Institution code: H12
4 years (full-time) including a one-year work placement. A three year programme is available for applicants with at least two years, full-time relevant work experience.
Harper Adams University campus (and location of work placement)
64 UCAS points
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Modern consumers take food very much for granted, giving little thought to what it is and where it has come from. Food is produced by people with specialist know-how, and the food industry has a constant need for appropriately qualified graduates.
You will gain a detailed understanding of the food industry, its place in society and relationship to consumers. You will explore the nature of food and how food ingredients behave when processed. You will learn what food is, why we eat it, how it is produced and processed, how the food supply chain operates, food trends, and consumer behaviour.
The course will equip you with the knowledge and skills needed to develop a career in the industry; anywhere from food processing and manufacture to food retailing.
Students who undertake the BSc degree (also referred to as an Ordinary degree) will typically complete their award in four years (including an industrial placement year), with successful completion of the award graded as either a pass (with commendation) or pass. The main difference between this and a BSc (Hons) degree, is the reduced volume of study and assessment required by the BSc degree. The BSc degree and the BSc (Hons) degree share a common first year, which provides an opportunity for transfer between the two degree types subject to academic performance.
4 years (full-time) including a one-year work placement. A three year programme is available for applicants with at least two years, full-time relevant work experience. Please contact Admissions for further information on this option.
The percentage of time spent in different learning activities for this year of study:
This is the breakdown of assessment methods for this year of study:
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Your third year will be spent on placement, where you will gain first-hand experience and develop the personal skills and characteristics needed to work with others. Employment may be in any part of the food industry, from food processing and manufacturing through to retailing and buying, and even in specialist media. Placement employment is usually paid and positions may be taken in the UK or abroad.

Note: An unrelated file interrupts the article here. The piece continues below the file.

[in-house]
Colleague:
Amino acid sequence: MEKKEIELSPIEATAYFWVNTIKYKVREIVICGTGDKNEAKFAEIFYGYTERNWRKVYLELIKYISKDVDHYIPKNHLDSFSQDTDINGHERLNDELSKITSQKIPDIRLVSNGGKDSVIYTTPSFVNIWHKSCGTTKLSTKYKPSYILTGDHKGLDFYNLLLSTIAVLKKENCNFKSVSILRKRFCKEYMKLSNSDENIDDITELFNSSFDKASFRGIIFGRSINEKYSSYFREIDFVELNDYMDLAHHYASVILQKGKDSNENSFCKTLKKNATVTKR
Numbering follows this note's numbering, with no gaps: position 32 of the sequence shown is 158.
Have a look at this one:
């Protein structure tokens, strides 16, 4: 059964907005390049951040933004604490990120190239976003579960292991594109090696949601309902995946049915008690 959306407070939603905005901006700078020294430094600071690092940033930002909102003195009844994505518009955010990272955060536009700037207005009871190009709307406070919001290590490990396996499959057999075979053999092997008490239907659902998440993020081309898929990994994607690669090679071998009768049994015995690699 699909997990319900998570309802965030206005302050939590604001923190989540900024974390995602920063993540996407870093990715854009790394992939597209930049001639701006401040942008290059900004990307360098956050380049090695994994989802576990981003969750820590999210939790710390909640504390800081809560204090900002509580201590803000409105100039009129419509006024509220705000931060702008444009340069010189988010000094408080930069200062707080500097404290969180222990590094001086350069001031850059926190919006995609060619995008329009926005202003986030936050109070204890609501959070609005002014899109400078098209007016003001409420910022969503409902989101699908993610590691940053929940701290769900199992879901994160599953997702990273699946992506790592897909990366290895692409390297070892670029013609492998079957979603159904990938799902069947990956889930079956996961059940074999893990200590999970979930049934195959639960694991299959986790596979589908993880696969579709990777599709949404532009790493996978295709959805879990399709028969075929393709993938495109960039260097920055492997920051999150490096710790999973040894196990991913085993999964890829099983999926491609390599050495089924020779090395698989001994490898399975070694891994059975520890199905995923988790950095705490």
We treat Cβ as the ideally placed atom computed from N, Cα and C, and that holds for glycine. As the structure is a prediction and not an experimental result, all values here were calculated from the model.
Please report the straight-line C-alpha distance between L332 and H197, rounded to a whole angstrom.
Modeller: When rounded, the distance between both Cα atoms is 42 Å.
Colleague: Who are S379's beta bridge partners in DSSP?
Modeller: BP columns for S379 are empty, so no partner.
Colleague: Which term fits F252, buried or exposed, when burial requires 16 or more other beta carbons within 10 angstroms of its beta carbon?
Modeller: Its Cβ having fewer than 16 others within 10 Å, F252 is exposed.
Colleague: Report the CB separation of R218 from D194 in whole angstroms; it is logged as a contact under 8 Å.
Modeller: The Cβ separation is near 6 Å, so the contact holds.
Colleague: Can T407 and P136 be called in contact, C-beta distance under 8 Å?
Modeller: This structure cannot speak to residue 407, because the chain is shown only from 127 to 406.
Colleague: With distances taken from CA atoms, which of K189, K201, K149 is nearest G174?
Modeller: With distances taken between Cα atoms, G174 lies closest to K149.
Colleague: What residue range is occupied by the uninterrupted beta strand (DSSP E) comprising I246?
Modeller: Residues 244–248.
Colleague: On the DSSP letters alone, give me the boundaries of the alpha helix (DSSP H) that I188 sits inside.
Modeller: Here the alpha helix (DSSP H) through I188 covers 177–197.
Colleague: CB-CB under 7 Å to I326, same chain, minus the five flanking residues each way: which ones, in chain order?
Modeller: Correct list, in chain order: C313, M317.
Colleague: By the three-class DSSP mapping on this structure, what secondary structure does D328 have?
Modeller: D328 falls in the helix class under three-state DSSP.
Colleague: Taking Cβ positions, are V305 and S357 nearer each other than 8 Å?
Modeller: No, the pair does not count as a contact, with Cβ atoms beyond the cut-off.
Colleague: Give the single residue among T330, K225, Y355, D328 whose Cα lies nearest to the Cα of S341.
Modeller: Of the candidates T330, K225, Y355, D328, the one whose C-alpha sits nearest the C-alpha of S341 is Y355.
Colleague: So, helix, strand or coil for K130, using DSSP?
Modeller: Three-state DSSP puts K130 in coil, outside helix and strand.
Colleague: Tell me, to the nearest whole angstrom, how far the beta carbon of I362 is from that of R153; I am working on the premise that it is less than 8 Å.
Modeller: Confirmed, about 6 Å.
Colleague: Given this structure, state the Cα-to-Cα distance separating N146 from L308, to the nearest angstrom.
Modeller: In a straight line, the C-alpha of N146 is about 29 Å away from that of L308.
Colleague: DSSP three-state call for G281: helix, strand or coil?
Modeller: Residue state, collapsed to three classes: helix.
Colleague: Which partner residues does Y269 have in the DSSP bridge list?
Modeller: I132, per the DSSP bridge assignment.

Graduates can expect to find job opportunities in the diverse food industry and associated fields.
You may wish to work in food processing and manufacture, food product development, technical management, quality management, food business management or food retail management. Other options include careers in buying food products, in sales and marketing, or setting up your own business. This course gives you the opportunity to become knowledgeable, skilled, adaptable, versatile and able to take command of your own life and career.
All Food students share a common first year, studying the same modules. In your second and final years you will focus on your chosen specialism. You will cover subjects such as farm assurance and quality, commodity crops and fresh produce, food product development and sensory evaluation in the supply chain as well as food quality management and food product manufacture and supply.
Learning at Higher Education level is a big step up from further education so we make sure you get lots of advice and support. Everyone learns differently and in the workplace you’ll need to work in different ways, so we make sure our courses test you in every way possible. Therefore, you will attend lectures and tutorials, undertake regular hands-on practical work in the laboratories or on the farm, sit exams, and complete coursework assignments. Guest speakers and visits to industry all support the learning. All students undertaken a major project in their final year concentrating on a topic that is of particular interest to them.
Assessment is via a balance of course work and examination. Students receive written feedback on all course work to help them improve. In addition, first year students undertake examinations in two subjects at the end of the first term to enable them to gauge how they are progressing and feedback is provided on these exams. Examples of assessments may include a group of three students present on a specific issue in food production – e.g. pesticide residues in crops / fresh produce – and how the relevant farm assurance schemes requirements effectively manages the risk to levels which remove the problem / risk from the food chain.